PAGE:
The open access paper noted here is an example of present day intermittent fasting research, in flies in this case, in which researchers attempt to obtain a better understanding of how this dietary adjustment influences the pace of aging. The paper caught my eye for the examination of intestinal function. If you have been following the field in recent years, you may recall that the research community believes that intestinal function is central to the aging of flies, probably much more so than is the case in mammals. We can say that flies die from intestinal dysfunction in the same way we can say that humans die of cancer and heart disease - it is the dominant feature of decline and mortality in that species.
Intermittent fasting has been shown in a variety of species to have a broadly similarly effect to the more usual form of calorie restriction approaches, at least when the overall intake of calories is still restricted in comparison to a normal diet. However, it also extends life to some degree even when overall intake of calories is not restricted. Rodents on diets that have the same caloric intake but a different scheduling of that intake exhibit differences in the pace of aging. Time spent hungry appears important, in terms of triggering the nutrient-related stress responses that keep cells healthier and less damaged. This isn't to say that the processes under the hood are identical: researchers have found considerable differences in gene expression between calorie restriction and intermittent fasting.
The time spent hungry hypothesis falters somewhat in the evidence from this study, not least because the background of historical evidence for intermittent fasting in flies is mixed. The evidence noted below suggests that intermittent fasting in flies, provided it is carried out in early life only, slows aging to benefit life span for reasons that are not the same as the usual nutrient-sensing mechanisms associated with calorie restriction. That is an interesting discovery. It may well be peculiar to flies due to the role of intestinal function in aging in those species, but I think that in general we should expect the effects of caloric intake to be more complex than simply a reflection of total calories over a period of time. That is probably true for any species.
Intermittent fasting (IF), an umbrella term for diets that cycle between a period of fasting and non-fasting, has become increasingly popular as a weight loss regime (e.g., "every-other-day fasting" and the "5:2" diet). Advocates of IF argue that it shows many of the benefits seen with traditional daily energy restriction diets but with a simplified nutritional regime and increased compliance. Recent pilots and clinical trials used a fasting mimicking diet (FMD) (consisting of monthly cycles of a 5-day fast during which daily food intake was reduced to ∼50% normal caloric intake), which reduced multiple health risk factors during the post-fast recovery period, including lowered blood pressure, and reduced blood glucose and insulin-like growth factor-1 (IGF-1) levels. IF can extend lifespan in a variety of organisms, including bacteria, yeast, nematode worms, and mice. In animal models, IF has been shown to reduce the risk of developing a variety of age-related pathologies. IF is effective in preventing neurodegeneration in rodents and can attenuate cancer and cardiometabolic diseases, such as type II diabetes.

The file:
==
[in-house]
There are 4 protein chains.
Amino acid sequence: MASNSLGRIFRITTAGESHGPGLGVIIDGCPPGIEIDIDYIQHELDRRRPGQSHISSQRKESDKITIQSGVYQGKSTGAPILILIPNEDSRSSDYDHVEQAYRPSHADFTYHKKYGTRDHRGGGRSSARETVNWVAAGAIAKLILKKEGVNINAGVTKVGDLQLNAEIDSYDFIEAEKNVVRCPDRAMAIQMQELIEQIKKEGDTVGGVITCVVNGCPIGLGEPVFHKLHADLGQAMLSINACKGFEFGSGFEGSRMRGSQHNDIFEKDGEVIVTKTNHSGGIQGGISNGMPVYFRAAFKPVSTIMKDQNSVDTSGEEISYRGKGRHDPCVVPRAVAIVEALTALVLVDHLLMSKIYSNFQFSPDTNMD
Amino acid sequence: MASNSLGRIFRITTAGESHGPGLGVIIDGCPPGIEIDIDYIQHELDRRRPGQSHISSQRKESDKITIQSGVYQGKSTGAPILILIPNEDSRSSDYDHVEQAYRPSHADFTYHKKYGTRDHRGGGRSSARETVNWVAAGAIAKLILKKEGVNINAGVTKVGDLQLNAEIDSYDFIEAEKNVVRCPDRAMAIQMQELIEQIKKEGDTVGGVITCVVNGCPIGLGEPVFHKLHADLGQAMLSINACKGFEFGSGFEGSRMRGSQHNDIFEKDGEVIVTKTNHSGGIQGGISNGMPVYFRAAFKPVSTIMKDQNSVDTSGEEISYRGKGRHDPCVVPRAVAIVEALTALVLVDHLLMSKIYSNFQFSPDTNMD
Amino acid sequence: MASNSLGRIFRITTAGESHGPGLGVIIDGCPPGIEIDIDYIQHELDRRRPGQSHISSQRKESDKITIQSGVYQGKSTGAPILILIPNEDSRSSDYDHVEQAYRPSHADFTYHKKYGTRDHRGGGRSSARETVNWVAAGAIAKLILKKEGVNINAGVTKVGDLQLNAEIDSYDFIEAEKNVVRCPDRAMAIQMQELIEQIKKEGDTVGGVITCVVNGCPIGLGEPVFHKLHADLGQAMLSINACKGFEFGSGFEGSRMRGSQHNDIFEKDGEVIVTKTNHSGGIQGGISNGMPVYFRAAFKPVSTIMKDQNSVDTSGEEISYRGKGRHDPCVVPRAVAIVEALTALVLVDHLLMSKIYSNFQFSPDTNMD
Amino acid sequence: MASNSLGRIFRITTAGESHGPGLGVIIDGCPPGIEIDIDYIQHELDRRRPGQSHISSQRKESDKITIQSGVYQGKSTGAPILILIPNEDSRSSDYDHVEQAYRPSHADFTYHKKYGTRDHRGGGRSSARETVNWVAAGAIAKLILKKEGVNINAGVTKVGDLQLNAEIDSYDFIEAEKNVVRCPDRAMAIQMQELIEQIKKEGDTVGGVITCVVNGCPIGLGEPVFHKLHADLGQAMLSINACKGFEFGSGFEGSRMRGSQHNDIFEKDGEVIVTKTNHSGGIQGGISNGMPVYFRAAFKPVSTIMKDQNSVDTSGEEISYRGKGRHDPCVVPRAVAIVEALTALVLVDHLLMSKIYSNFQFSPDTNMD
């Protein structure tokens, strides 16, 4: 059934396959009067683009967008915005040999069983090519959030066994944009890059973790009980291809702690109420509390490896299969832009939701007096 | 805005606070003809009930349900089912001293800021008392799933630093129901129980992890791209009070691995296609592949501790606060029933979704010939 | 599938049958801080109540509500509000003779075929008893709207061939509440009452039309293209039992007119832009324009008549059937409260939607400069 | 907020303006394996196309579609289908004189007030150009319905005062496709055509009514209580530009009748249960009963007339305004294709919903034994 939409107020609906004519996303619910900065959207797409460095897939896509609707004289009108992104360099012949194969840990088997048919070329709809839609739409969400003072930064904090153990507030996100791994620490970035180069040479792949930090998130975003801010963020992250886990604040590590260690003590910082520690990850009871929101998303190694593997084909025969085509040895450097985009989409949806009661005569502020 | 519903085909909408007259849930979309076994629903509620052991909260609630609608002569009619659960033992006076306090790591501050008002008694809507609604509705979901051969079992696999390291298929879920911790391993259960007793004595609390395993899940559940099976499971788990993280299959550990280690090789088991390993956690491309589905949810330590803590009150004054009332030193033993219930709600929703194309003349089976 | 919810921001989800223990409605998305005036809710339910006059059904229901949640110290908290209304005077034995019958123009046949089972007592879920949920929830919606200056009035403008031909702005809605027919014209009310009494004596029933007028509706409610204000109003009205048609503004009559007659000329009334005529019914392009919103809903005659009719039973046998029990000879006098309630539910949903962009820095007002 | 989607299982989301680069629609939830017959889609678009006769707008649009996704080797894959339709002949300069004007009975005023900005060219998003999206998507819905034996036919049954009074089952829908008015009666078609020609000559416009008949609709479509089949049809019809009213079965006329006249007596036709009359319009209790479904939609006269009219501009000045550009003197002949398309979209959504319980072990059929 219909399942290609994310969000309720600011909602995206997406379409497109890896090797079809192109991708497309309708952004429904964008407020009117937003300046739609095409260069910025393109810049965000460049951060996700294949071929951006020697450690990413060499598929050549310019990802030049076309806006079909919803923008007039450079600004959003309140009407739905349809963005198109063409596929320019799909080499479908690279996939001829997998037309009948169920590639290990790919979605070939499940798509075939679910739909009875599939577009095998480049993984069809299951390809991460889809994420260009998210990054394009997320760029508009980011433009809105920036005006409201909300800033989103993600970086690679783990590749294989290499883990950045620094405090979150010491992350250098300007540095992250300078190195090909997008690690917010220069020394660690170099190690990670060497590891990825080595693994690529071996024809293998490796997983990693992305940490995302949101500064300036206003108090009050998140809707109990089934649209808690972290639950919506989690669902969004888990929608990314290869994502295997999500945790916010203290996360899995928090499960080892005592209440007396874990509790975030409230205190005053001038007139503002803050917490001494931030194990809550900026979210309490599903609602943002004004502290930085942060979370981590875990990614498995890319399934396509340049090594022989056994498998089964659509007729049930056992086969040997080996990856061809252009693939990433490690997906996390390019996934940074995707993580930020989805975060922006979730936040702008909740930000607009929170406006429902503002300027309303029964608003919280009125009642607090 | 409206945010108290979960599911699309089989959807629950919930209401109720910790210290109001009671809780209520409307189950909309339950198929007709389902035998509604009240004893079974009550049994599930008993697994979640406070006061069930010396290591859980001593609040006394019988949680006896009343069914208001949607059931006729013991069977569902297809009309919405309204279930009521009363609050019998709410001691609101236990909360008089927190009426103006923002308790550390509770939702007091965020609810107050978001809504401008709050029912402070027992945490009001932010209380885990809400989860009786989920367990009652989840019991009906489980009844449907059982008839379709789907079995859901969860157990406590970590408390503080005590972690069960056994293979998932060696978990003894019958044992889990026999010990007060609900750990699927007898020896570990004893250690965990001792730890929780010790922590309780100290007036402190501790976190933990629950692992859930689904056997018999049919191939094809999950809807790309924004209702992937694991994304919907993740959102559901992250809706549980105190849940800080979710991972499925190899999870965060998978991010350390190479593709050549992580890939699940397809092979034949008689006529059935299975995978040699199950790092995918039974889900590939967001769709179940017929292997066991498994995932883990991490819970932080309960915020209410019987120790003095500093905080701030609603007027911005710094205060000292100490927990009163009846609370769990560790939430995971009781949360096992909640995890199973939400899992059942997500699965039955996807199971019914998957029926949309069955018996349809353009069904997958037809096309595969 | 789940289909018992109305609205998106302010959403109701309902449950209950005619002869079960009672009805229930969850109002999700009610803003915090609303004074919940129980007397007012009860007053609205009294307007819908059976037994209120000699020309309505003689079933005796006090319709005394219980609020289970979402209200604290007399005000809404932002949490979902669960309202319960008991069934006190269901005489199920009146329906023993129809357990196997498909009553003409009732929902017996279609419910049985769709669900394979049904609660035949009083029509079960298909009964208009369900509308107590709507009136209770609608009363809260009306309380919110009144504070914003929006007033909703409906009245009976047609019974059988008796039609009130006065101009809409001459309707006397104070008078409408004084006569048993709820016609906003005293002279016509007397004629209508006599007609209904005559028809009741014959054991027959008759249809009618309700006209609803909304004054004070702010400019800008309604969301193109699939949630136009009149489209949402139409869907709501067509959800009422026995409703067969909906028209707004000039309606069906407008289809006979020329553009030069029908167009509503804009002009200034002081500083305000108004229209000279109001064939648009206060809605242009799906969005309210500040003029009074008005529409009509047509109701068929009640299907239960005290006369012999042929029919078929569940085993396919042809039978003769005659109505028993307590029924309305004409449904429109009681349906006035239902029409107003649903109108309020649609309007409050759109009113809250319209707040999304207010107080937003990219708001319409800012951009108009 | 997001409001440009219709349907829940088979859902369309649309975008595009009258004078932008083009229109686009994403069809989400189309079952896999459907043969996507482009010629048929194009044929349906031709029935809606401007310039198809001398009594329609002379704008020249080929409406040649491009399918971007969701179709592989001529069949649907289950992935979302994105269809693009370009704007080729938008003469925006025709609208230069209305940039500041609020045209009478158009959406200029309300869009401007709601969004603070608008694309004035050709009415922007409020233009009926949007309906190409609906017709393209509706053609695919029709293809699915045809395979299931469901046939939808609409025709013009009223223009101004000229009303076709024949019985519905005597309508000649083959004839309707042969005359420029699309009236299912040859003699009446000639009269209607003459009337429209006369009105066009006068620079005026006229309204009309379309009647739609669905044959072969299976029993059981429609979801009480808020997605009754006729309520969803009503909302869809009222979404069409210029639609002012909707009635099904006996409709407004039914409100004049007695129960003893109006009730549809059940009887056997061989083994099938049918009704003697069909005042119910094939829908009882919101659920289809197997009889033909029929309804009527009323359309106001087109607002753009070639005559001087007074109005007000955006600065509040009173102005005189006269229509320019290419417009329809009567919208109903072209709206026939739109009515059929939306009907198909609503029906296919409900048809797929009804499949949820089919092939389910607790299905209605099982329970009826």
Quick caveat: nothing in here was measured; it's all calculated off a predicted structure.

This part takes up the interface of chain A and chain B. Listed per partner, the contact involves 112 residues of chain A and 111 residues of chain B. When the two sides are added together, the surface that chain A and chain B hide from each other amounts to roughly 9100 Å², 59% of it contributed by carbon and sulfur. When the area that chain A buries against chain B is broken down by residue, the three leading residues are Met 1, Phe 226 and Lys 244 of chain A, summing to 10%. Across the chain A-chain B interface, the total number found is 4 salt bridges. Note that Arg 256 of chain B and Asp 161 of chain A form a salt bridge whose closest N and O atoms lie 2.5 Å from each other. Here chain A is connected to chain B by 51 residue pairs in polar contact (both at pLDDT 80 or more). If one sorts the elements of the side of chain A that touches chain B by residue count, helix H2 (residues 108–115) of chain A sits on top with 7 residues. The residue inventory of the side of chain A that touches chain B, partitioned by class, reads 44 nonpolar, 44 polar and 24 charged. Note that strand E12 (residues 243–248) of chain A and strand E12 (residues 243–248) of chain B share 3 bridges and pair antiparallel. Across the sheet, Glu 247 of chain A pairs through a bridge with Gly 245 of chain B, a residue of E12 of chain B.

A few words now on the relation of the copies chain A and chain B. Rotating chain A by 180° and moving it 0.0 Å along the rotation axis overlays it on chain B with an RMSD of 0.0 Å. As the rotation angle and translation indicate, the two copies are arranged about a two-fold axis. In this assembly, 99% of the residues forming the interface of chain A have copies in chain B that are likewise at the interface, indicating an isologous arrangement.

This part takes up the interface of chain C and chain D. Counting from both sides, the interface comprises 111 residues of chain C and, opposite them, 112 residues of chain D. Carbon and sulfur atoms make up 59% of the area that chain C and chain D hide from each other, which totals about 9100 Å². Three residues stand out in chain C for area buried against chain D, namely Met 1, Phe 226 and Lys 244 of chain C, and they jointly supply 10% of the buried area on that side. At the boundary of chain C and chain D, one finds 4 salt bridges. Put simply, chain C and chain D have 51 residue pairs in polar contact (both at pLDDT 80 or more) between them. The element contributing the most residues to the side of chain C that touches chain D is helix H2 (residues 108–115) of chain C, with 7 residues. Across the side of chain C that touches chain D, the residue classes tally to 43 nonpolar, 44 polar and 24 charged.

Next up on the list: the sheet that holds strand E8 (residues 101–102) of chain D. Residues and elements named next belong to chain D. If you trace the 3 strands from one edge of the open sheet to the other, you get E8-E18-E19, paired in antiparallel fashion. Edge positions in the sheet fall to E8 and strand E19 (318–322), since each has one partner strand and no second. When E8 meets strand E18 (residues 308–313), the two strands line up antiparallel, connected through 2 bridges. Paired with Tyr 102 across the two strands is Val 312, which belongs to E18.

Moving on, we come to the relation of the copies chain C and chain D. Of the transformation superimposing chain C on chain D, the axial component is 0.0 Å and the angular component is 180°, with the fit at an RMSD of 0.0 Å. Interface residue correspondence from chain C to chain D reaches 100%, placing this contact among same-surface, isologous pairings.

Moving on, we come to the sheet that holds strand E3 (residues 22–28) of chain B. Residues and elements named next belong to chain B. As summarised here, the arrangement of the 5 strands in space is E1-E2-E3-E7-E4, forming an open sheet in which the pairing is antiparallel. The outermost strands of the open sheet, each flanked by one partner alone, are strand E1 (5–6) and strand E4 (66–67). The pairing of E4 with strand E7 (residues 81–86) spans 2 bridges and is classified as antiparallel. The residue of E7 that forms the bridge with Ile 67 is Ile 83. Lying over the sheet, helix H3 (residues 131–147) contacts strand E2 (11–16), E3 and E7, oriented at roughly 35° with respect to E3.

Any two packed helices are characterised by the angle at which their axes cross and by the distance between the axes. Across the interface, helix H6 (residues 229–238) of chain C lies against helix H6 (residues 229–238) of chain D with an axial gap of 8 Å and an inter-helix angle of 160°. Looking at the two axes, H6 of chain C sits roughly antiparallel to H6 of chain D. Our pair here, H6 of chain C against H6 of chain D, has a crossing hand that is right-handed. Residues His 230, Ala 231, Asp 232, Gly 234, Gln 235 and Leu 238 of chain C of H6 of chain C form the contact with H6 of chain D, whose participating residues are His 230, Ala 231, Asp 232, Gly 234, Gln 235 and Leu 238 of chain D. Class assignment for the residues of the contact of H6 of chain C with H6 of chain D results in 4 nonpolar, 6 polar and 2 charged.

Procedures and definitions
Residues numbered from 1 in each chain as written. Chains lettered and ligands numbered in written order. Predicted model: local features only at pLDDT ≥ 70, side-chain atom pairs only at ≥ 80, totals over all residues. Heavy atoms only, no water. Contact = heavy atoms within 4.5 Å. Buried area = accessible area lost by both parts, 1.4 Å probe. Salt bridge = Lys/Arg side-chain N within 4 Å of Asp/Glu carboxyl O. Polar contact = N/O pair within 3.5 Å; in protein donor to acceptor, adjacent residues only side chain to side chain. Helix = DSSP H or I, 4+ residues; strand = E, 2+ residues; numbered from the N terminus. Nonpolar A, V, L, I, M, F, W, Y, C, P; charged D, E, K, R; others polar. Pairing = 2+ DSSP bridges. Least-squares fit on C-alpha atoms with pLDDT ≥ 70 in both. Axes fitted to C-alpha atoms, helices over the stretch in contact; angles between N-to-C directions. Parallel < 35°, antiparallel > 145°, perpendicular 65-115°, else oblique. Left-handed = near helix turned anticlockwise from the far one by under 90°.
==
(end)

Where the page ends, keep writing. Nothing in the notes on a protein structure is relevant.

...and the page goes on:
Reduced activity of nutrient-sensing pathways, with corresponding decrease in global protein translation, is implicated as an important mechanism underlying the pro-longevity effects of dietary interventions, such as dietary restriction (DR). Reduced TOR signaling is a hallmark of pro-longevity interventions, including DR, and treatment with the TOR inhibitor rapamycin extends healthy lifespan in a range of organisms. Although DR may exert some of its pro-longevity effects through reduced fecundity, DR can still extend lifespan in sterile Drosophila, implying that fecundity and lifespan can be uncoupled and that other mechanisms are also important.
Previous studies examining potential pro-longevity effects of IF in flies have produced mainly negative results. The first studies, almost 90 years ago, found that 6 hr of starvation in every 24 hr was beneficial and could extend lifespan. However, the effects of this IF regime may be strain or food medium specific, because a similar, more rigorous experiment ∼80 years later found that daily bouts of either 3 hr or 6 hr starvation throughout the adult life of the fly had neither a positive nor a negative effect on lifespan.
Here, we investigated a variety of IF regimes in flies and their effects on a range of health outcomes, including feeding behavior, gut and metabolic health, survival after stress, and lifespan. Importantly, short-term IF (the "2:5" diet) confined to early life robustly increased subsequent lifespan, particularly in females, independent of TOR signaling. Short-term IF also led to long-lasting health improvements, including increased stress resistance and a lower incidence of gut pathology that was associated with reduced bacterial abundance. Guts of flies 40 days post-IF showed a significant reduction in age-related pathologies and improved gut barrier function. We conclude that short-term IF during early life can induce long-lasting beneficial effects, with robust increase in lifespan in a TOR-independent manner, probably at least in part by preserving gut health.